There is no one size fits all strategy when it comes to dealing with employee burnout. We all come with our own beliefs and habits that play a part in personal wellbeing and it’s vital to consider this. Older generations may consider it weak to admit their struggling and whereas a younger generation might view accessing as simply a smart way to cope through a period of stress. It’s vital we host gatherings inside our organisations that can help us unpack our personal beliefs and help employee groups consider new perspectives and evidence based approaches.
Goals and our current obsession with objectives and key results (OKR) can contribute to employee burnout, and organisations need to consider trending cultural attributes like resilience and grit. Amelie Williams used to be a successful advertising executive, but after watching a short video on resilience she started to push herself harder and harder. Without the personal or professional resources to cope and driven by a belief that pushing herself harder was required for her role, she became exhausted and burnt out eventually leaving the role and profession.
Burnout and wellbeing at work? Where do we start.
It will come as no surprise that improving the wellbeing of employees can help reduce and prevent burnout. Diya Day is an organisational psychologist at the Department of Education & Training skilled suggests improved wellbeing practices and training can prevent burnout, improve employee performance and lift engagement.
Diya suggest that it’s vital we unpack wellbeing in our organisation to address root causes when building or rebuilding an effective wellbeing strategy. And we need to explore how we can embed wellbeing practices at each stage of the employee life cycle; from onboarding, to training, performance development and engagement at both a personal and process level. For example, adding wellbeing practices training to your onboarding process or using onboarding as an opportunity to make it clear that employees have a responsibility to develop a sense of community while they are at the company. Utilising pulse surveys, wellbeing assessments and doing a gap analysis can help assess your current state of play and identify actual causes.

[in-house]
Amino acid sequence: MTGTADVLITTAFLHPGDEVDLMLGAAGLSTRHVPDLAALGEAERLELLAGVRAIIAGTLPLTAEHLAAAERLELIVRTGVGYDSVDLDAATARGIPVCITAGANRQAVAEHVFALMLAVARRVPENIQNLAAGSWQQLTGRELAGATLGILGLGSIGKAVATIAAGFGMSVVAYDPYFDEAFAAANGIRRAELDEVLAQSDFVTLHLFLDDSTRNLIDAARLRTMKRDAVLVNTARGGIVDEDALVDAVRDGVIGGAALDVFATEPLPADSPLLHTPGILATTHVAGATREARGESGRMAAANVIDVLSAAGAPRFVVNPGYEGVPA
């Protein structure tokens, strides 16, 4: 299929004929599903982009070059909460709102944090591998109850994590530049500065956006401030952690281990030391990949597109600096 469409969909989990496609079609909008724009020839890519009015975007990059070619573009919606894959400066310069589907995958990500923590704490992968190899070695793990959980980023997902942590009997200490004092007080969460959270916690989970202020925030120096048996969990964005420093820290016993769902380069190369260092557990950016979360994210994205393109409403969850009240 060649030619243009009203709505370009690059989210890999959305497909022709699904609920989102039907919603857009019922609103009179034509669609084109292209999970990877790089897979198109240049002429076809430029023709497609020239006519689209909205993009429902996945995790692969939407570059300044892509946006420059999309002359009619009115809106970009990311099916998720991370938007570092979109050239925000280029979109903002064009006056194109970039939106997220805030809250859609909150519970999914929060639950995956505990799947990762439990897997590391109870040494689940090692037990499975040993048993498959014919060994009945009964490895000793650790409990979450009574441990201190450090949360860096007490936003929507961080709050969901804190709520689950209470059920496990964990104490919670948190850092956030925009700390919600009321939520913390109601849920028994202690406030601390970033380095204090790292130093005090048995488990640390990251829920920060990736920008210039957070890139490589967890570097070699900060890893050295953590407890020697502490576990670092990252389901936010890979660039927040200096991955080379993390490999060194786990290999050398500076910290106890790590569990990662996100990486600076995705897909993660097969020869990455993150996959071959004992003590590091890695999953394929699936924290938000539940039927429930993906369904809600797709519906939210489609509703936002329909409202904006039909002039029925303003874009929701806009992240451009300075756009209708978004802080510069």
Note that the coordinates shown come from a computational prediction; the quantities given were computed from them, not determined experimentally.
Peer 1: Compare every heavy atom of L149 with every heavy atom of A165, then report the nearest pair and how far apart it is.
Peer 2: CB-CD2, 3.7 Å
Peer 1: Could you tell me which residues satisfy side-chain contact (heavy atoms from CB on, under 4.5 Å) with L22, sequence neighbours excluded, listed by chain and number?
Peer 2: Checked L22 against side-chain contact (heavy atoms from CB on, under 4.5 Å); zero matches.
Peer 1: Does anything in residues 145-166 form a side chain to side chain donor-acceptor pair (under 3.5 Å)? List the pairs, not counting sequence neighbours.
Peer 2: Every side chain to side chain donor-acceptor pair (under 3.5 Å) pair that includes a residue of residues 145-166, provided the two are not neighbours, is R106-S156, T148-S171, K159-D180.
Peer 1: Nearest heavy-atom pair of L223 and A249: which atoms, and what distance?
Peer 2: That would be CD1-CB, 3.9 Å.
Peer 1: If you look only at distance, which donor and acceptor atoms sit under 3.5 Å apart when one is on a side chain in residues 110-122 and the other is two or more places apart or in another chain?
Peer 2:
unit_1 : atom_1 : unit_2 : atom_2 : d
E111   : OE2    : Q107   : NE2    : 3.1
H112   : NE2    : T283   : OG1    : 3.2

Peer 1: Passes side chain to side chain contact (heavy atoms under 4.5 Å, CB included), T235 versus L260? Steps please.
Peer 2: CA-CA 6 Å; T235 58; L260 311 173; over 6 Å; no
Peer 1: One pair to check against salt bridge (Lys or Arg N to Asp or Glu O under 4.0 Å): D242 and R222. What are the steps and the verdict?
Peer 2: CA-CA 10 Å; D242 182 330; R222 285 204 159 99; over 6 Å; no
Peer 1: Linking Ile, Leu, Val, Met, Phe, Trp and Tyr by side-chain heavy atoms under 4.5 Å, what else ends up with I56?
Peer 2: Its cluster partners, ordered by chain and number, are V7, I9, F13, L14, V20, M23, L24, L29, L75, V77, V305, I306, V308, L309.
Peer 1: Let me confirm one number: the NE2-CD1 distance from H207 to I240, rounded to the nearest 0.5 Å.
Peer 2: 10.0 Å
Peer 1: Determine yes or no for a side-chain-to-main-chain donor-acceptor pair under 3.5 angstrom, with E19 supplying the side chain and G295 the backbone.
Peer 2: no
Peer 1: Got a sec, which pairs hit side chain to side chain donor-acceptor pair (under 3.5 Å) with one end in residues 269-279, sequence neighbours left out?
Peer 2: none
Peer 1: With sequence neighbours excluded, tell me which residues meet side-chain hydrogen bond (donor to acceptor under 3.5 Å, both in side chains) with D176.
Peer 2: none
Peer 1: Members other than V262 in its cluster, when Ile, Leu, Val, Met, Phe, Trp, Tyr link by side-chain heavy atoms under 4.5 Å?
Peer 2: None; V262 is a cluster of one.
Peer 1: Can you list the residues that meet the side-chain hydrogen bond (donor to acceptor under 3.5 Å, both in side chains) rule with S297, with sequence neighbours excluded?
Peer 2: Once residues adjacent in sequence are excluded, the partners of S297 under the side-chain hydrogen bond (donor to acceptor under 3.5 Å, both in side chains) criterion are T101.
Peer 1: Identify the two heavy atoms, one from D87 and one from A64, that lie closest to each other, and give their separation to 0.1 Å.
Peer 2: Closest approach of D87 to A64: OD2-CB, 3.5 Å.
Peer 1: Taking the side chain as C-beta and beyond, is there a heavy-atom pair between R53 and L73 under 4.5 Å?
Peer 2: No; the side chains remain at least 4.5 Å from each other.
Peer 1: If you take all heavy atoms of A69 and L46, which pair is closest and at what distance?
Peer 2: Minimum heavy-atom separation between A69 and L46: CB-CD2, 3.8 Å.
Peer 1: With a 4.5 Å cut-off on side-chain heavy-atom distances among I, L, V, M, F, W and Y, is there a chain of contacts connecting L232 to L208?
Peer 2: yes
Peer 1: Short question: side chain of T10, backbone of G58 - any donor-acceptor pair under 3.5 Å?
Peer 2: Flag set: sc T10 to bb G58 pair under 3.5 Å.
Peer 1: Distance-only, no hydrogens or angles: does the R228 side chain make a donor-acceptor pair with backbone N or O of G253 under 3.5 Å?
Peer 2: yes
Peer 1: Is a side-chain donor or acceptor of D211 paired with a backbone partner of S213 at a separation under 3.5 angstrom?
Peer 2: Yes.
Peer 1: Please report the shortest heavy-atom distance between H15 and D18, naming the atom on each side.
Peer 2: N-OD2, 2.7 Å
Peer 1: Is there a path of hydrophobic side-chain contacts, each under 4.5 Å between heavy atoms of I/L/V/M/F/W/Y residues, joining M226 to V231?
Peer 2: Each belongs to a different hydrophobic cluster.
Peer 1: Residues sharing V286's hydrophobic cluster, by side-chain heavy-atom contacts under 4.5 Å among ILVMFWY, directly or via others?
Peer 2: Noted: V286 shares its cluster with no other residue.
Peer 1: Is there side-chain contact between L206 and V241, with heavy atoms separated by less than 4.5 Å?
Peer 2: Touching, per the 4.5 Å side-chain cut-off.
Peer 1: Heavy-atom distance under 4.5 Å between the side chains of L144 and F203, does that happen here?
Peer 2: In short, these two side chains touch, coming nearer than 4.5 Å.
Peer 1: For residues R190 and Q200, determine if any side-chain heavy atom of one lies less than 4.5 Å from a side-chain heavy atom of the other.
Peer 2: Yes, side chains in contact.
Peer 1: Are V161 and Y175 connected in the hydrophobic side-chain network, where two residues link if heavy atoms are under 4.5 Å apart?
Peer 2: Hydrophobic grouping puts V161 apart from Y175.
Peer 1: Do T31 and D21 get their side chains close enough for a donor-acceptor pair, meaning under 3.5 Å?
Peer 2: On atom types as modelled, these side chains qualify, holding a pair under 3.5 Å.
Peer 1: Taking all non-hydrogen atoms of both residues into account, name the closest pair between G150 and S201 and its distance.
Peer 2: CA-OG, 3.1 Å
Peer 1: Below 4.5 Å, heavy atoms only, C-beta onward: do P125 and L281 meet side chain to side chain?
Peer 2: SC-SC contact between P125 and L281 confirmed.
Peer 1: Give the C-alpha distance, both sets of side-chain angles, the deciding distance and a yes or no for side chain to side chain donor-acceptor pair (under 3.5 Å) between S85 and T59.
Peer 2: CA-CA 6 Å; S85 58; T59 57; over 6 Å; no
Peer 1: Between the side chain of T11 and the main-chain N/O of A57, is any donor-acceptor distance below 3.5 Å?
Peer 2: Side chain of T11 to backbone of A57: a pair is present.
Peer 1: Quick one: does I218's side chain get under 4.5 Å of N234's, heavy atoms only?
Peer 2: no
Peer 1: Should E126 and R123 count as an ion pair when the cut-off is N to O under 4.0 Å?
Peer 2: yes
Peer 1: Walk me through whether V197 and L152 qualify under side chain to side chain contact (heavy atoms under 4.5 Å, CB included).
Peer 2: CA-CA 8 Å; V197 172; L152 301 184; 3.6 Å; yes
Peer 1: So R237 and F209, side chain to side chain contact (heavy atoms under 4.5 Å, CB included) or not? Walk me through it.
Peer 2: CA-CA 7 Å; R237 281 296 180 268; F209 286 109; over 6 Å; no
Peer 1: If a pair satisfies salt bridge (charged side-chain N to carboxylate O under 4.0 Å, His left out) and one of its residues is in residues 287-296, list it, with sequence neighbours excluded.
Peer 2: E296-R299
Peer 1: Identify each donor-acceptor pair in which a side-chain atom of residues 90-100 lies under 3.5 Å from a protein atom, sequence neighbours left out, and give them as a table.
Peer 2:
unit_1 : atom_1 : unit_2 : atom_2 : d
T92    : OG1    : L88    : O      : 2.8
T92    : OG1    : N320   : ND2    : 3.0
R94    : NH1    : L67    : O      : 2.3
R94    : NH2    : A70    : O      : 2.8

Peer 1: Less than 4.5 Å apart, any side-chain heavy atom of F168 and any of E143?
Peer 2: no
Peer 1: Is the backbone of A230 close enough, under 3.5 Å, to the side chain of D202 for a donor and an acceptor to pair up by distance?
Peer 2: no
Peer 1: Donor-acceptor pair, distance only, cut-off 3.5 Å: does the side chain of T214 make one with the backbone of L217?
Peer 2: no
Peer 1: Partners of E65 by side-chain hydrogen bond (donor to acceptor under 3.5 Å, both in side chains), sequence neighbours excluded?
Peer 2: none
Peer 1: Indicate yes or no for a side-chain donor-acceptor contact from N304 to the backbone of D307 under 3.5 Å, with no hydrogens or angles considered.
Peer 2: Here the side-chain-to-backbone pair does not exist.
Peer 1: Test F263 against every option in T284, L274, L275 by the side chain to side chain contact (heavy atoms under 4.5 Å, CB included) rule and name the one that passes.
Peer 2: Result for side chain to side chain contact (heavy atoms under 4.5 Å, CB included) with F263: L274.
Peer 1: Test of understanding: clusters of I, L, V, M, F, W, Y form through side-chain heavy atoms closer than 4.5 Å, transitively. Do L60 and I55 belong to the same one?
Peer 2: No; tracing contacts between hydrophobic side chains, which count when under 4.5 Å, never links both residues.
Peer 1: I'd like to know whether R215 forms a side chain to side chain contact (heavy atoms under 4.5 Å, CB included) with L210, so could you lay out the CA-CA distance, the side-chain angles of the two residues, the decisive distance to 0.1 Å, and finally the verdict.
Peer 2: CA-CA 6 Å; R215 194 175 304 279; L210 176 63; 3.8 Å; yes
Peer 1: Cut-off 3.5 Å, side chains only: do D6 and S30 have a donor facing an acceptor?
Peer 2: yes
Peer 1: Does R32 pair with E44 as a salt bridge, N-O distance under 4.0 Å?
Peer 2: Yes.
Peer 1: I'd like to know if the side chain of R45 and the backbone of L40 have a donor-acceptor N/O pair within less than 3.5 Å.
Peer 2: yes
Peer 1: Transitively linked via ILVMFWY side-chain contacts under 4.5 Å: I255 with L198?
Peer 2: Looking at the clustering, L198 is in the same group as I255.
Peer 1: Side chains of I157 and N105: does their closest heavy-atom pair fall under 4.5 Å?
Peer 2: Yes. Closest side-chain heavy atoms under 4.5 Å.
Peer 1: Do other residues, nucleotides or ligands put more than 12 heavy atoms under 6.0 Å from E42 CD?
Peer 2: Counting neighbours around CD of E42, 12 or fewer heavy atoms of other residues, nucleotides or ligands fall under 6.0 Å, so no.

Managers and HR professionals are often underprepared to identify and understand mental health challenges and coach and counsel employees to receive the support and change they need. They struggle having these types of conversations. For example, with employees e.g. an employee who isn’t coping may go to their manager and share their feelings, only to be given HR phone number. Leaving the employee feeling shamed, judged and often more isolated.
Bill is a trainer and facilitator in mental health first aid and helps companies like Woolworths upskill managers to identify at risk employees and coach employees on how to handle and respond to these situations.
Starting can be different for everyone. Perhaps your first step is to consult with key stakeholders in your organisation for whom improved wellbeing of employees may have positive consequence. Or gather existing stakeholders and develop a business case utilising key data points like improved retention or your net promoter score. Perhaps a start for you is to influence your executive committee on all things mental health or maybe it’s some well overdue awareness training.
To make inroads fast consider contracting an executive coach trained or organisational psychologist to work with your executive co. Or post your brief on Change Republic , a start-up that makes finding, booking and reviewing solutions from executive coach, trainers and consultants online fast and cost effective.
Improved wellbeing and reducing burnout in our organisations is not just providing extra fruit for the morning tea platter and nor is it about employee benefits. It is a change that needs nurturing. If can feel like a big job but take heart in realising that we’re all just beginning, and progress is better than perfection.